Washington, Feb.11 (ANI): Pakistan has been pushing the United States to enter into a civil nuclear deal with it, similar to India, however, an American expert believes that unless Islamabad takes on the terror groups based on its soil with more intent, Washington would hardly be moved.
According to Professor Christine Fair, in exchange for fundamental recognition of its nuclear status and civilian assistance, Pakistan would have to meet a couple of criterias.
"First, Pakistan would have to provide the kind of access and cooperation on nuclear suppliers' networks identified in the Kerry-Lugar-Berman legislation. Second, Pakistan would have to demonstrate sustained and verifiable commitment in combating all terrorist groups on its soil," Fair wrote in her article in the Wall Street Journal.
She, however, clarified that despite Islamabad's efforts against extremists, it is not certain that the Obama Administration would enter into a nuclear deal with it.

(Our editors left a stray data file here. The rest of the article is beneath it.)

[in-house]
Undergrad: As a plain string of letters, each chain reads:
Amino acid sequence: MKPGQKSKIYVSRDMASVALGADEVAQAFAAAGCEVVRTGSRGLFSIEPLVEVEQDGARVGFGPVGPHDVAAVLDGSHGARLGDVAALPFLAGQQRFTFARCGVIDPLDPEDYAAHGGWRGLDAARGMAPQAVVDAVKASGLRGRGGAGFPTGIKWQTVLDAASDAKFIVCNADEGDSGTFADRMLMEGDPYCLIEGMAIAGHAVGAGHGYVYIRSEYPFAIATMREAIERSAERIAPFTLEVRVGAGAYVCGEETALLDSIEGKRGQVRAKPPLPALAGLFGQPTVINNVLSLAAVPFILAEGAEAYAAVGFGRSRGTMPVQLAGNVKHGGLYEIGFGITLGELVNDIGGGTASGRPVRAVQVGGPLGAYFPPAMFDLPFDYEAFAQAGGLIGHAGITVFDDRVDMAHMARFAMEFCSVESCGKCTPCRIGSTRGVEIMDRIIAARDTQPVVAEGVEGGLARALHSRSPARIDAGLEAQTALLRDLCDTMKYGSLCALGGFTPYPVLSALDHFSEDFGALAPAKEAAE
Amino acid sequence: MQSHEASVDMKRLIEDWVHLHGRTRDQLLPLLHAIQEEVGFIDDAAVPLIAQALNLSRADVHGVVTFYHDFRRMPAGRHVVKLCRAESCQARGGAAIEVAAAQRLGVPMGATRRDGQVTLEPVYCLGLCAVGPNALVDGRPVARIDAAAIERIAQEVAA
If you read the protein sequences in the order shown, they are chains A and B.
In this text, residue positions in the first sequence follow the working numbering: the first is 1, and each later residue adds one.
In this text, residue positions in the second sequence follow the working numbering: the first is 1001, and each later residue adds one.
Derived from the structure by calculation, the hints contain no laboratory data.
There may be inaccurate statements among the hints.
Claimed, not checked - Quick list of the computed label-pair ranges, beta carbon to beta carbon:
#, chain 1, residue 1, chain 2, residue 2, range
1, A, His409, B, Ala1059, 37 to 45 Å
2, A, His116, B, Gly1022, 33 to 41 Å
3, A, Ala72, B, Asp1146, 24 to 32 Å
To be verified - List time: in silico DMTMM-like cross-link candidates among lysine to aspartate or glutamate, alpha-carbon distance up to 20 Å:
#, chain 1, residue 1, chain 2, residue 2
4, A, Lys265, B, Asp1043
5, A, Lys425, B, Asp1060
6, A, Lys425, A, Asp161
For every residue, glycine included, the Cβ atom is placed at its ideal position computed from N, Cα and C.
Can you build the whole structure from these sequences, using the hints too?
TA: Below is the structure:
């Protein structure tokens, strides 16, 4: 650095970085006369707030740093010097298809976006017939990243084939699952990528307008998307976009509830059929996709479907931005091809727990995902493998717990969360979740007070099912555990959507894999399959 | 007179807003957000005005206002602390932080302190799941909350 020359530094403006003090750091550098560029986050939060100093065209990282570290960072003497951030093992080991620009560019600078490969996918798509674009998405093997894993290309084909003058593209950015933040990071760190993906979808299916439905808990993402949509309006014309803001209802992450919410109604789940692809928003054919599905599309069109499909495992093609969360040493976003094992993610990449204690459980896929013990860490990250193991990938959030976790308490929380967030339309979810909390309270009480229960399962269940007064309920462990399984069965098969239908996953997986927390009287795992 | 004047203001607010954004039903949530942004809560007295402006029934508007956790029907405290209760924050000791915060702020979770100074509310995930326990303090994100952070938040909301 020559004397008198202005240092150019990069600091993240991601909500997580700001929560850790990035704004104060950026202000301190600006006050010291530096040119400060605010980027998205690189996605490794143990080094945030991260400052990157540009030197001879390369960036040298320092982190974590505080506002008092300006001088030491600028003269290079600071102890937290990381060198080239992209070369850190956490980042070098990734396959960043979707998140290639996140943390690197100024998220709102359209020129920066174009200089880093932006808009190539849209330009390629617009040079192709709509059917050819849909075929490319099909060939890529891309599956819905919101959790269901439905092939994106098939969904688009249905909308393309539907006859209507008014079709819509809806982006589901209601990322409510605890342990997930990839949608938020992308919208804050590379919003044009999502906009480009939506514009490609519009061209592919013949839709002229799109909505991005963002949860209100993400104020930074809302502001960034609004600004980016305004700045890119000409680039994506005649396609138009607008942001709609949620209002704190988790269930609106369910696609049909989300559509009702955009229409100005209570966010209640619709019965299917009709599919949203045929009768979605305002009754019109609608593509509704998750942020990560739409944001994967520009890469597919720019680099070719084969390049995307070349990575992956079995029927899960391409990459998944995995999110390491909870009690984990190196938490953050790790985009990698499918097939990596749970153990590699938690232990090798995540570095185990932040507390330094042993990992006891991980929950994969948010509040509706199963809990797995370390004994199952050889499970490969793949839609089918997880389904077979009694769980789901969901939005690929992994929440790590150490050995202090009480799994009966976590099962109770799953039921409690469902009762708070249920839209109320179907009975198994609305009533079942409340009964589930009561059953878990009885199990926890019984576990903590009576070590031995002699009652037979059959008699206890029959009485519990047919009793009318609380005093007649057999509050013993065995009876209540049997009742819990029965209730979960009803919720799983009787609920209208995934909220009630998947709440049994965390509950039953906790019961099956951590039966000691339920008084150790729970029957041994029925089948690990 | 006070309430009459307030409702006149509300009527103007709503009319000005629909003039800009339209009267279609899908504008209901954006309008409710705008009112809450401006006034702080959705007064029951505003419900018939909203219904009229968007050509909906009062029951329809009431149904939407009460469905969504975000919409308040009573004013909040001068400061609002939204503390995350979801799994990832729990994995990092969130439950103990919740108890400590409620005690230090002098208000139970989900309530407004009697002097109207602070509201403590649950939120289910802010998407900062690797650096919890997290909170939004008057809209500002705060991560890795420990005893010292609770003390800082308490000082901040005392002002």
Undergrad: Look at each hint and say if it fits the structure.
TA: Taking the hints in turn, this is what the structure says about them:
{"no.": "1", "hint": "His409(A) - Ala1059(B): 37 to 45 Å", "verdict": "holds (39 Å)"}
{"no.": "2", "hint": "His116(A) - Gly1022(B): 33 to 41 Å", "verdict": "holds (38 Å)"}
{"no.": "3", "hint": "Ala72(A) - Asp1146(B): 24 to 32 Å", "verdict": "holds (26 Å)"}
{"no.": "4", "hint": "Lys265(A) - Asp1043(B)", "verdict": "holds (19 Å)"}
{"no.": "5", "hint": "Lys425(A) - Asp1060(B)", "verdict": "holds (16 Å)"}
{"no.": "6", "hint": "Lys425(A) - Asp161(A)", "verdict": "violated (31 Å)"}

Fair, who is currently an assistant professor of South Asian political military affairs in the security studies programme at Georgetown University highlighted that the United States needed Pakistan's help for success in Afghanistan, which has eluded the international forces in that country.
In her opinion piece, Fair also pointed towards the possibility of militants provoking a conflict between India and Pakistan and fears of proliferation.
"The US is currently limited in its ability to shore up Pakistan's confidence against India because Islamabad fears that Washington, perhaps working with India or Israel, seeks to dismantle Pakistan's nuclear weapons programme," she said.
"Fundamentally, Pakistan believes the US rejects its status as a nuclear-armed state, whereas Washington has accepted and even supported the other two states that have acquired nuclear weapons outside of the Nuclear Non-Proliferation Treaty, Israel and India. With a civilian nuclear deal, Washington can trade the nuclear acceptance Pakistan craves for the cooperation the US needs," Fair added. (ANI)